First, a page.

Copy a local data frame to a remote databaseSource:
It is useful for copying small amounts of data to a database for examples, experiments, and joins. By default, it creates temporary tables which are only visible within the current connection to the database.
remote data source
A local data frame, a
tbl_sqlfrom same source, or a
tbl_sqlfrom another source. If from another source, all data must transition through R in one pass, so it is only suitable for transferring small amounts of data.
name for new remote table.
TRUE, will overwrite an existing table with name
FALSE, will throw an error if
a character vector giving variable types to use for the columns. See https://www.sqlite.org/datatype3.html for available types.
TRUE, will create a temporary table that is local to this connection and will be automatically deleted when the connection expires
a list of character vectors. Each element of the list will create a new unique index over the specified column(s). Duplicate rows will result in failure.
a list of character vectors. Each element of the list will create a new index.
TRUE(the default), will automatically ANALYZE the new table so that the query optimiser has useful information.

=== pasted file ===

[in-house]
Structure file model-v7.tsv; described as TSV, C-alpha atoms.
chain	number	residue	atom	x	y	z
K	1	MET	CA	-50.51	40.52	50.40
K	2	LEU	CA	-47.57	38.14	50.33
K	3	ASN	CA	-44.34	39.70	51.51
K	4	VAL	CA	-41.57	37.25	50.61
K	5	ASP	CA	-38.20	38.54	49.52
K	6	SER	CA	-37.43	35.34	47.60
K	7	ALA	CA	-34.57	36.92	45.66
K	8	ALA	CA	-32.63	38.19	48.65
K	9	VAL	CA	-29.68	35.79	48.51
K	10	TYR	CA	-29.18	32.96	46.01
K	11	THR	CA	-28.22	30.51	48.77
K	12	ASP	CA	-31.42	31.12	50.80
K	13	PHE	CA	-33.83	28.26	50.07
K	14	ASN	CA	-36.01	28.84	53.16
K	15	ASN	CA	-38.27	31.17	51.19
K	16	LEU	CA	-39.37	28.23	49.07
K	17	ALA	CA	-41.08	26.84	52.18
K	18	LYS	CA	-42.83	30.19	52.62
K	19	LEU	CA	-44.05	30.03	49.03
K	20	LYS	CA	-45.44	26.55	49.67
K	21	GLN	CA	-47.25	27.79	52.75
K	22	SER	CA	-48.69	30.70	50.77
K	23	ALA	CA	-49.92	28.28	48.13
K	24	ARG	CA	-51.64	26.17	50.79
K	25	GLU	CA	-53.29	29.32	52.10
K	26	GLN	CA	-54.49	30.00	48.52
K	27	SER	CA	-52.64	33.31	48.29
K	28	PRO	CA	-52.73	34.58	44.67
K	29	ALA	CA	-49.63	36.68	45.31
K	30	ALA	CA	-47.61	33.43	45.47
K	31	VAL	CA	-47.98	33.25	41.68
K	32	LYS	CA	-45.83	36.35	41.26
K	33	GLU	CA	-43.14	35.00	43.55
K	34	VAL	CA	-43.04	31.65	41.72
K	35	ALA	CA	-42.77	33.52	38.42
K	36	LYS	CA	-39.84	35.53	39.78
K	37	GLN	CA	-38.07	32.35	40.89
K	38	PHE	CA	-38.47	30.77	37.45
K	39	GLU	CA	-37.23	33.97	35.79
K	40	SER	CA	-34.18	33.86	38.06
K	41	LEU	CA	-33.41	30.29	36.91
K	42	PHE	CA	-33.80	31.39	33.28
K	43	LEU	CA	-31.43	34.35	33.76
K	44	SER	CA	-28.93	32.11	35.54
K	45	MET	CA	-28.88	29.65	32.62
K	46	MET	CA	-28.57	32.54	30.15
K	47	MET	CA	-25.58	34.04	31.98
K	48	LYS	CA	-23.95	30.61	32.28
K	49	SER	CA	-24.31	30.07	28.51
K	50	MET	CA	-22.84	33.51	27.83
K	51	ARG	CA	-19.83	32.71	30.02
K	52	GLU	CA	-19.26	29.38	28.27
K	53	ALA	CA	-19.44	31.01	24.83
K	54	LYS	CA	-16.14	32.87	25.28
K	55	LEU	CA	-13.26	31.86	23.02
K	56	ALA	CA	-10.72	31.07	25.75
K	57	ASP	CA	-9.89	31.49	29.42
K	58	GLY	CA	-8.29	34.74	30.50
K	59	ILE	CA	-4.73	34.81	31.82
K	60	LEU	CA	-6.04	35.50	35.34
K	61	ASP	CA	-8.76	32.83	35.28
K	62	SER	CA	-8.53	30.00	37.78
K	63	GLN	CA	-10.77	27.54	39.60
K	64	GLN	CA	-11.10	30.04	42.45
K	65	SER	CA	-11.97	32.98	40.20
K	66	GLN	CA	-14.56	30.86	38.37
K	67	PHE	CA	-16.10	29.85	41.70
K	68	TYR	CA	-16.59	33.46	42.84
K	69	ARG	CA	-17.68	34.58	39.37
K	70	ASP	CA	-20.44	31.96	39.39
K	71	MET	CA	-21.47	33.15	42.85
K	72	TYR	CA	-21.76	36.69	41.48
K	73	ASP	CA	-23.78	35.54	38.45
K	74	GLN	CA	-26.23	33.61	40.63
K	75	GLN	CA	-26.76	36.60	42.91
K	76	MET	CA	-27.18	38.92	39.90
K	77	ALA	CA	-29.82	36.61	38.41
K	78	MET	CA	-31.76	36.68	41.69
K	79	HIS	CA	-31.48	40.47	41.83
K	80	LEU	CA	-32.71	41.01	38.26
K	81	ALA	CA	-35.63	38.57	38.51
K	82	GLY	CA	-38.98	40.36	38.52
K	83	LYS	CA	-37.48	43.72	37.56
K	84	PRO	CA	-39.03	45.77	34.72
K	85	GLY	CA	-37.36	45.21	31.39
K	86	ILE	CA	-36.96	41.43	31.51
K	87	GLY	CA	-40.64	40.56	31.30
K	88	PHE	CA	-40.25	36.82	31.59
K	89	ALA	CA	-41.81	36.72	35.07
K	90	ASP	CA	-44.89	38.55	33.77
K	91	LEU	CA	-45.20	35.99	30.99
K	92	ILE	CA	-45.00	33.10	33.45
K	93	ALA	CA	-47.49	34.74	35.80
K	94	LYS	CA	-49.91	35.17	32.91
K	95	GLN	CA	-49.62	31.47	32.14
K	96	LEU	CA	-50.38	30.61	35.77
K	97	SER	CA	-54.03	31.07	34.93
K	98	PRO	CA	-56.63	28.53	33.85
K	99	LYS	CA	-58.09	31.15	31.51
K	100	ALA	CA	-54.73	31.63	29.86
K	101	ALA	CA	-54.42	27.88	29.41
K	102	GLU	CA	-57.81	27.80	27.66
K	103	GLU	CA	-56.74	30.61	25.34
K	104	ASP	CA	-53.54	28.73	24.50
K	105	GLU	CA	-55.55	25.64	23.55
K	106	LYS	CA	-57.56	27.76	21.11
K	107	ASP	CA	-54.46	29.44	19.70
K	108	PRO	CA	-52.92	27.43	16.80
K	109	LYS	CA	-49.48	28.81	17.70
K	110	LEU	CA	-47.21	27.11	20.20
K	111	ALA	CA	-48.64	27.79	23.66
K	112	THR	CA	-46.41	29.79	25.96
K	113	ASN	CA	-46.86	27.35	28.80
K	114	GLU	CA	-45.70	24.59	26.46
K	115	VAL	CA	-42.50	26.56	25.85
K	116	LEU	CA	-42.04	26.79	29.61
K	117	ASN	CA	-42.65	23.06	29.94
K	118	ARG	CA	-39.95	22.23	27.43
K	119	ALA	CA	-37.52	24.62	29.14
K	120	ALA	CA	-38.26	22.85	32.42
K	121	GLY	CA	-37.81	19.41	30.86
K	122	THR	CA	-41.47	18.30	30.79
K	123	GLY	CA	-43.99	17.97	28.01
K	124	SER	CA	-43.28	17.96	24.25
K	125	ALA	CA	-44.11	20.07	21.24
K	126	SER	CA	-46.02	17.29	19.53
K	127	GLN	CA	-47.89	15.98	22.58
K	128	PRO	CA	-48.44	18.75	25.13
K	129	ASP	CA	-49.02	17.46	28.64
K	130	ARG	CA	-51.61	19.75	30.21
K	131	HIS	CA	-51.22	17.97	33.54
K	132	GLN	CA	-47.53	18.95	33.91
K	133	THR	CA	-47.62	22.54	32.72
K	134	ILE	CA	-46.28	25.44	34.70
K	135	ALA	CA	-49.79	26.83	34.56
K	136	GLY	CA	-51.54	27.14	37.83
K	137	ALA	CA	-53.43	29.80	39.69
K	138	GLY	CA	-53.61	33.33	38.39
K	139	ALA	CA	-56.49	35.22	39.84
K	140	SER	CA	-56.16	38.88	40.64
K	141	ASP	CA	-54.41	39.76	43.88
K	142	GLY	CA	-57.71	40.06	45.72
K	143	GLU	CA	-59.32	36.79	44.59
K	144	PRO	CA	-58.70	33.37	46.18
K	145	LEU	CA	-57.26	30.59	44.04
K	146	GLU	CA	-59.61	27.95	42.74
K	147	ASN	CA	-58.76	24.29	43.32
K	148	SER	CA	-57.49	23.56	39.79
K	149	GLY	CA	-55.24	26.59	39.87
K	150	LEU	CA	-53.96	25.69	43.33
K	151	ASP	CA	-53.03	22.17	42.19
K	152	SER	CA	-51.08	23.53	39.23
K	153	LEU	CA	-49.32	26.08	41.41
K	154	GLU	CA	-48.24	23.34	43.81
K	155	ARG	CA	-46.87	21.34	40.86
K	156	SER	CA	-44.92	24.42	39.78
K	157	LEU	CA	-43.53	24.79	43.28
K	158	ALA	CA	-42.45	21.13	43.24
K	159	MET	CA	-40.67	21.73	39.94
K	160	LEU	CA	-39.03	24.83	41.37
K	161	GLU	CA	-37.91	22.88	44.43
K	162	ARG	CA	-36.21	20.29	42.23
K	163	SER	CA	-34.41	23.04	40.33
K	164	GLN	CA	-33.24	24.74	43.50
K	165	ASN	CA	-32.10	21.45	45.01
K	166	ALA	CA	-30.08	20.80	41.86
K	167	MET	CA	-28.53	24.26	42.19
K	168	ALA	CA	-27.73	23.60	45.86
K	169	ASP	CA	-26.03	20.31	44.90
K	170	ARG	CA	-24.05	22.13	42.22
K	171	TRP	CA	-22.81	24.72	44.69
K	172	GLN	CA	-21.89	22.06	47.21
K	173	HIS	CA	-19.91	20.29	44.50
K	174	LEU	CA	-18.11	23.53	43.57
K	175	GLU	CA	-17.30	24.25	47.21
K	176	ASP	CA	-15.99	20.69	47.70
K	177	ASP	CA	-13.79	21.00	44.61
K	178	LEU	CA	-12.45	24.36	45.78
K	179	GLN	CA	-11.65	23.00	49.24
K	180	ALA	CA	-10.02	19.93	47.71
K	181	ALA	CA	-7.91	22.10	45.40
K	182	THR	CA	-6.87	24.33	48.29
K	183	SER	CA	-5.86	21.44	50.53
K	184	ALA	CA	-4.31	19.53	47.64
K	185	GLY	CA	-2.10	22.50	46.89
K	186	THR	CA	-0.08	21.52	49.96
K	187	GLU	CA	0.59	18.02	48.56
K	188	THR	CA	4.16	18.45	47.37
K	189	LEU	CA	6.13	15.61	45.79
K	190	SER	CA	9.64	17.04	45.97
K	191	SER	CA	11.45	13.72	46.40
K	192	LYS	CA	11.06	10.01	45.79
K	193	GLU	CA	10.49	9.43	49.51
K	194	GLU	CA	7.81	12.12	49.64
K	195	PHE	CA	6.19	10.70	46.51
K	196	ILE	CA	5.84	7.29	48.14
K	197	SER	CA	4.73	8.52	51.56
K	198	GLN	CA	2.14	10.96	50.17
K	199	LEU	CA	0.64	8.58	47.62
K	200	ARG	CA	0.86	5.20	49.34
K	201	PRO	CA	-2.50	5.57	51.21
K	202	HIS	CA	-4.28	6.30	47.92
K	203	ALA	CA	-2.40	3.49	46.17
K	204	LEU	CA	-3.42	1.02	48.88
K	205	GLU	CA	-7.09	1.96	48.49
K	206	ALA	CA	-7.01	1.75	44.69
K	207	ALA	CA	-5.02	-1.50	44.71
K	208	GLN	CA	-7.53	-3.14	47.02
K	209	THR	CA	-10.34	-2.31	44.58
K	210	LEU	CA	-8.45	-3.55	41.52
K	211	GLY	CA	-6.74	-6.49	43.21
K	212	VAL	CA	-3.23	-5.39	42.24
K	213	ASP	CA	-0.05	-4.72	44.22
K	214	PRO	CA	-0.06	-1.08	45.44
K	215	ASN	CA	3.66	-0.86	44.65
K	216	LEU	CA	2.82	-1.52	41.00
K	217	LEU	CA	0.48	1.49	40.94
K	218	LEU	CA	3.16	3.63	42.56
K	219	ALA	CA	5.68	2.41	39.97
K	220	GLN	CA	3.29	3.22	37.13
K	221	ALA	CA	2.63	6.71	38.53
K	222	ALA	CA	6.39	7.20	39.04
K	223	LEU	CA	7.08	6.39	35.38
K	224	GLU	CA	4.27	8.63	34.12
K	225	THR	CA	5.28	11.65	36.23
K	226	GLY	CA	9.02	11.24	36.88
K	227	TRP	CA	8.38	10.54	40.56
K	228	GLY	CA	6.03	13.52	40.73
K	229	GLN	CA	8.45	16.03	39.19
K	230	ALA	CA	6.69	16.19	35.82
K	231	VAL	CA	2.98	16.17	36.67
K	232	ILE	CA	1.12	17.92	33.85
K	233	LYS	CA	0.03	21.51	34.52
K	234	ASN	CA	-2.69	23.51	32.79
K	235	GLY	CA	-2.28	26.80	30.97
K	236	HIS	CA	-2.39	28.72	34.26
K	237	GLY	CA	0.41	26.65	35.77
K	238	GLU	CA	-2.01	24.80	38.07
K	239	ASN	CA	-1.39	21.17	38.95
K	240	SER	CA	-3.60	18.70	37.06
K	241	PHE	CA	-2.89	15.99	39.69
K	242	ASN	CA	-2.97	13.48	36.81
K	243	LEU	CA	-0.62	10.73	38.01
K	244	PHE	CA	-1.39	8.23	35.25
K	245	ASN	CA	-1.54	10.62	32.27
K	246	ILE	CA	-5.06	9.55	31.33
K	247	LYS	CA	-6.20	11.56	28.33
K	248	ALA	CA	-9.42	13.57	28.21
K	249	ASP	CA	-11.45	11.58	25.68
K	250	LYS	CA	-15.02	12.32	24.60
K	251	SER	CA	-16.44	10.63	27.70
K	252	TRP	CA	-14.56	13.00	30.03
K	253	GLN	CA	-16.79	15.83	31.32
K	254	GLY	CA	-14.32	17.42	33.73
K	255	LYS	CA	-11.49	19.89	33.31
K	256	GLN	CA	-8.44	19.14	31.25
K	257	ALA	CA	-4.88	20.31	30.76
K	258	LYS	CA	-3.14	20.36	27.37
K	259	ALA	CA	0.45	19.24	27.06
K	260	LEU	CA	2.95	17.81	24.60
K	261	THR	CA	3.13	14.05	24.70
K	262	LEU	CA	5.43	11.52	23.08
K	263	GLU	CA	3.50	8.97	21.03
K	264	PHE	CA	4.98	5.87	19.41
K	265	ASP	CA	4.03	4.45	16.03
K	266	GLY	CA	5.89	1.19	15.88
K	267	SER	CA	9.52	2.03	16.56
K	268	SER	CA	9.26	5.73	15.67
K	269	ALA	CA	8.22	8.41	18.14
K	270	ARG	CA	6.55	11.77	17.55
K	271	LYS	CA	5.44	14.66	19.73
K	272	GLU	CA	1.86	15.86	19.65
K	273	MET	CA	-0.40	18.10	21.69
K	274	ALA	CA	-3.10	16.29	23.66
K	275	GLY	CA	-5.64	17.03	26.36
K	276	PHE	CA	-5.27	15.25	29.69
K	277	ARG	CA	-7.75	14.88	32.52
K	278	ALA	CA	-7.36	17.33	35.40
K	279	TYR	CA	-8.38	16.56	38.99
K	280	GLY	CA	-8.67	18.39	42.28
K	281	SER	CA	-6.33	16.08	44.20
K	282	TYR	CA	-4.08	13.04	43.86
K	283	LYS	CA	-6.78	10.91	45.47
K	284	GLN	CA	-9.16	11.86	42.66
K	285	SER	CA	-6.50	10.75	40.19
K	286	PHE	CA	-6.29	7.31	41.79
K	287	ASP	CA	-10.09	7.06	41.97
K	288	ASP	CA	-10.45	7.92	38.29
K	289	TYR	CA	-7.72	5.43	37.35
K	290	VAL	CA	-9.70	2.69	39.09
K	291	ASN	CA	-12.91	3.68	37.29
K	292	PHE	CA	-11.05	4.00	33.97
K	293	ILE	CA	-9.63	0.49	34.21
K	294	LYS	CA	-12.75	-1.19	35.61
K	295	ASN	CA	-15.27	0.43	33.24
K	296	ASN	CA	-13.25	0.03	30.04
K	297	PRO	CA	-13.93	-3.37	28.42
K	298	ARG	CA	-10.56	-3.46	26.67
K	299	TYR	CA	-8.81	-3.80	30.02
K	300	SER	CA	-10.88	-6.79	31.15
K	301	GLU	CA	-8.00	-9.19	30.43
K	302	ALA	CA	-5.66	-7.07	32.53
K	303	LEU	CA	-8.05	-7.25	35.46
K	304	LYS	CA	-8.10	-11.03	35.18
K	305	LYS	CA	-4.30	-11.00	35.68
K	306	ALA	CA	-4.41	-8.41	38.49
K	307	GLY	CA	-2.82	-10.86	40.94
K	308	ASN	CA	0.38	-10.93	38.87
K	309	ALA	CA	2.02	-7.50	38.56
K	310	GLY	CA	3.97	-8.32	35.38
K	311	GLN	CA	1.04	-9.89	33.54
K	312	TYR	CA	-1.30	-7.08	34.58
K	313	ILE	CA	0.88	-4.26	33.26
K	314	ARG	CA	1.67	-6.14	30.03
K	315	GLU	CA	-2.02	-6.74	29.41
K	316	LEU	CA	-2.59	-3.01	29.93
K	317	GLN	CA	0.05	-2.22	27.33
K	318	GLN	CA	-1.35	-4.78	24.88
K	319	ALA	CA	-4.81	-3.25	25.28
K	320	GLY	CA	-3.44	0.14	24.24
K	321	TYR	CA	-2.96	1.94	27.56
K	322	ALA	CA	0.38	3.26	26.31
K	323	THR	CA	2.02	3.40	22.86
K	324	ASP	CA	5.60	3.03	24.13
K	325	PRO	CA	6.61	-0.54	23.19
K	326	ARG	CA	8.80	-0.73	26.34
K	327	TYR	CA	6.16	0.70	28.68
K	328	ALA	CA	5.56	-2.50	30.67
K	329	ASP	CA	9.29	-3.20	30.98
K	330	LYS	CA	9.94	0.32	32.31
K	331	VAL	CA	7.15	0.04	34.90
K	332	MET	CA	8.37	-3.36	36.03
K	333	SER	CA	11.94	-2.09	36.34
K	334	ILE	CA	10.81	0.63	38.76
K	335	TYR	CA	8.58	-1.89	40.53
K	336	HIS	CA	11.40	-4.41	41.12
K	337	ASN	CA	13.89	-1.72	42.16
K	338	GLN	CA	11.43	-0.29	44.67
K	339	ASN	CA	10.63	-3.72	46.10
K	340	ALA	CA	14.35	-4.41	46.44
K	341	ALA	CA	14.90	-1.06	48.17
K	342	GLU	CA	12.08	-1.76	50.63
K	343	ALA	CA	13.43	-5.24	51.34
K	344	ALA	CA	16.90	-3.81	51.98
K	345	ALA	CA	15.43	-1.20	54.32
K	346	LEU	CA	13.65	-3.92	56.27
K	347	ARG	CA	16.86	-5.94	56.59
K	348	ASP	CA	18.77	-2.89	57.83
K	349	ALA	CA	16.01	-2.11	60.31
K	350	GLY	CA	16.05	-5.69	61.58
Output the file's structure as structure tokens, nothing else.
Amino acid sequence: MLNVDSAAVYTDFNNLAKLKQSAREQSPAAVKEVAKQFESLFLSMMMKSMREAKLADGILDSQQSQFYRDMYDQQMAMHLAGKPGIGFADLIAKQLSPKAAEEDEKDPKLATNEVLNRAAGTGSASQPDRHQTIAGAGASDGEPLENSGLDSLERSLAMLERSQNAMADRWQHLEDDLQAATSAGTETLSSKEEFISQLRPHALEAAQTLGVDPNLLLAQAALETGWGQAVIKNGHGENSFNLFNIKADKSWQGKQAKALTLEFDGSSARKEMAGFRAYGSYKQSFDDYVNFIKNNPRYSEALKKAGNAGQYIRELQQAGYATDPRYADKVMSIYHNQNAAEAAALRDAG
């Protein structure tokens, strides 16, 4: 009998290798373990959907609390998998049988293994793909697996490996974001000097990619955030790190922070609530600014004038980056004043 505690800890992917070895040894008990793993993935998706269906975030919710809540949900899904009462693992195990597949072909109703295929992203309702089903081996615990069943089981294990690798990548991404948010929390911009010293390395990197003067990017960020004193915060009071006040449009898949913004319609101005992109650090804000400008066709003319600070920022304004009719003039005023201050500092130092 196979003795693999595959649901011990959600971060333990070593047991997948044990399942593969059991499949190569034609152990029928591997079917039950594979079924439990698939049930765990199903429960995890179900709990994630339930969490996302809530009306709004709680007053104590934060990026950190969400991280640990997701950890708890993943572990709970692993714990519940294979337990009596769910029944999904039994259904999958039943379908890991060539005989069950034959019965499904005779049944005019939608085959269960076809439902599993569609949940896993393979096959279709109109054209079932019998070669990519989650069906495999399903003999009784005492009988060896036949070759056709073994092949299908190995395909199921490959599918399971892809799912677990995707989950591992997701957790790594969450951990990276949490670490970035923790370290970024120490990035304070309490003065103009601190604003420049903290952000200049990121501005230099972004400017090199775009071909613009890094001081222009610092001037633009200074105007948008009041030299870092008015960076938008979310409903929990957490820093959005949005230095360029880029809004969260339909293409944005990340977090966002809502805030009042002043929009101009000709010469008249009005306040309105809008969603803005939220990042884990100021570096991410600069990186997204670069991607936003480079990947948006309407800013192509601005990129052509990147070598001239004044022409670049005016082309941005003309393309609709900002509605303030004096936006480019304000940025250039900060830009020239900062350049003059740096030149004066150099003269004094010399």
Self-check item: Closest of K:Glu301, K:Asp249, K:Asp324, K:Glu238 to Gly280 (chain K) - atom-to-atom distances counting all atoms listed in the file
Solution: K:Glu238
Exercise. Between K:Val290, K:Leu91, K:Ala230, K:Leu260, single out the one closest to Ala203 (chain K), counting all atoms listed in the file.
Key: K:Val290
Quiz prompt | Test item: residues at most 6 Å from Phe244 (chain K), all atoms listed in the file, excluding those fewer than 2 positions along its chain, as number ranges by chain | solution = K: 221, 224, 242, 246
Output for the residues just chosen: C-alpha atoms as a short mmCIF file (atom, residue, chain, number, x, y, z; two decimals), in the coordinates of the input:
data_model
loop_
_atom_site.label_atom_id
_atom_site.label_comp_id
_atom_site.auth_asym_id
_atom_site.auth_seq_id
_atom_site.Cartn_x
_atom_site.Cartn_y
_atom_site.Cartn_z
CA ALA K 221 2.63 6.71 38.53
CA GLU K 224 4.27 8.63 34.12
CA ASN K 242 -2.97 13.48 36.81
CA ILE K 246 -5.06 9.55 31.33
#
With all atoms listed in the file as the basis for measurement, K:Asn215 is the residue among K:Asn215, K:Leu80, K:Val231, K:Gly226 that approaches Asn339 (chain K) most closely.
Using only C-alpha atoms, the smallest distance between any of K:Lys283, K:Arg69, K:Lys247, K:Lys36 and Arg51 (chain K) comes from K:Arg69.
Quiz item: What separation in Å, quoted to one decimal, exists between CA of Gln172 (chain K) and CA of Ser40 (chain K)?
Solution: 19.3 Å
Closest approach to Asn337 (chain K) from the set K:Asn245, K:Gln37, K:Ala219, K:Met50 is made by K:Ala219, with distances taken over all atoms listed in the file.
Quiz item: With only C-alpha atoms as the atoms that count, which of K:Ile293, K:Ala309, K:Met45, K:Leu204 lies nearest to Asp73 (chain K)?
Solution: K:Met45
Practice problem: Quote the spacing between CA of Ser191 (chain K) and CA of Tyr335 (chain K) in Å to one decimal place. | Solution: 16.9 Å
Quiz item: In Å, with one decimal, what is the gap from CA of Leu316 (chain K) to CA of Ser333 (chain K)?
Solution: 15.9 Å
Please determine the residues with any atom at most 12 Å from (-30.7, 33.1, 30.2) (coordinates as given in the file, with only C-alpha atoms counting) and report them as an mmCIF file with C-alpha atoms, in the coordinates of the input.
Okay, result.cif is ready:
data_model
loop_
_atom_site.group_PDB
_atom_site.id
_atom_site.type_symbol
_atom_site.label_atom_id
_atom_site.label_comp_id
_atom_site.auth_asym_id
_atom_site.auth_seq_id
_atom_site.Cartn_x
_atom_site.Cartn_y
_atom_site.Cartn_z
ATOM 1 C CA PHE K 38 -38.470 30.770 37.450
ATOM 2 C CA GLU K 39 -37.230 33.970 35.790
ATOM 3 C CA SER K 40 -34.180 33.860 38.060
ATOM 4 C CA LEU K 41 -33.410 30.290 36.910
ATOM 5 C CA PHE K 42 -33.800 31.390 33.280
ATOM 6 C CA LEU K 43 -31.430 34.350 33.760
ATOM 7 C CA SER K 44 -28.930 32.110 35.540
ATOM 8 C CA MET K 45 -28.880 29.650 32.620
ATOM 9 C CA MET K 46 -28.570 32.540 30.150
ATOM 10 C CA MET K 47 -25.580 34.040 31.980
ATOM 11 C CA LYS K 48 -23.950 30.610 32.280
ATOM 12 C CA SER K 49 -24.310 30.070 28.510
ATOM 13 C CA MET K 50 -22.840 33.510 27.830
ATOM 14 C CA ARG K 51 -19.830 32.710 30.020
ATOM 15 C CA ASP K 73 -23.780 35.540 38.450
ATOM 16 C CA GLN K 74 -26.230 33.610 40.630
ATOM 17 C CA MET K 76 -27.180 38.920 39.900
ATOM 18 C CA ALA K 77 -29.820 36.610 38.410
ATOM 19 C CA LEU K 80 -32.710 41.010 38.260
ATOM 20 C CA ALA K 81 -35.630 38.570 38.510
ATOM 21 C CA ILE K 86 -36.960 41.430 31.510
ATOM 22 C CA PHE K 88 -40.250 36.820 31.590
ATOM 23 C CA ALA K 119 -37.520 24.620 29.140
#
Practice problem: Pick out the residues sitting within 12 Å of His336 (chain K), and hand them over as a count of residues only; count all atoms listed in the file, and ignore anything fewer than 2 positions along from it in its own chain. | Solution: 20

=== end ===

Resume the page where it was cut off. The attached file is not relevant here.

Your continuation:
other parameters passed to methods.
Should the table creation be wrapped in a transaction? This typically makes things faster, but you may want to suppress if the database doesn't support transactions, or you're wrapping in a transaction higher up (and your database doesn't support nested transactions.)
copy_inline() to use small data in an SQL query without actually
writing to a table.
library(dplyr, warn.conflicts = FALSE) df <- data.frame(x = 1:5, y = letters[5:1]) db <- copy_to(src_memdb(), df) db #> # Source: table<df> [5 x 2] #> # Database: sqlite 3.41.2 [:memory:] #> x y #> <int> <chr> #> 1 1 e #> 2 2 d #> 3 3 c #> 4 4 b #> 5 5 a df2 <- data.frame(y = c("a", "d"), fruit = c("apple", "date")) # copy_to() is called automatically if you set copy = TRUE # in the join functions db %>% left_join(df2, copy = TRUE) #> Joining with `by = join_by(y)` #> # Source: SQL [5 x 3] #> # Database: sqlite 3.41.2 [:memory:] #> x y fruit #> <int> <chr> <chr> #> 1 1 e NA #> 2 2 d date #> 3 3 c NA #> 4 4 b NA #> 5 5 a apple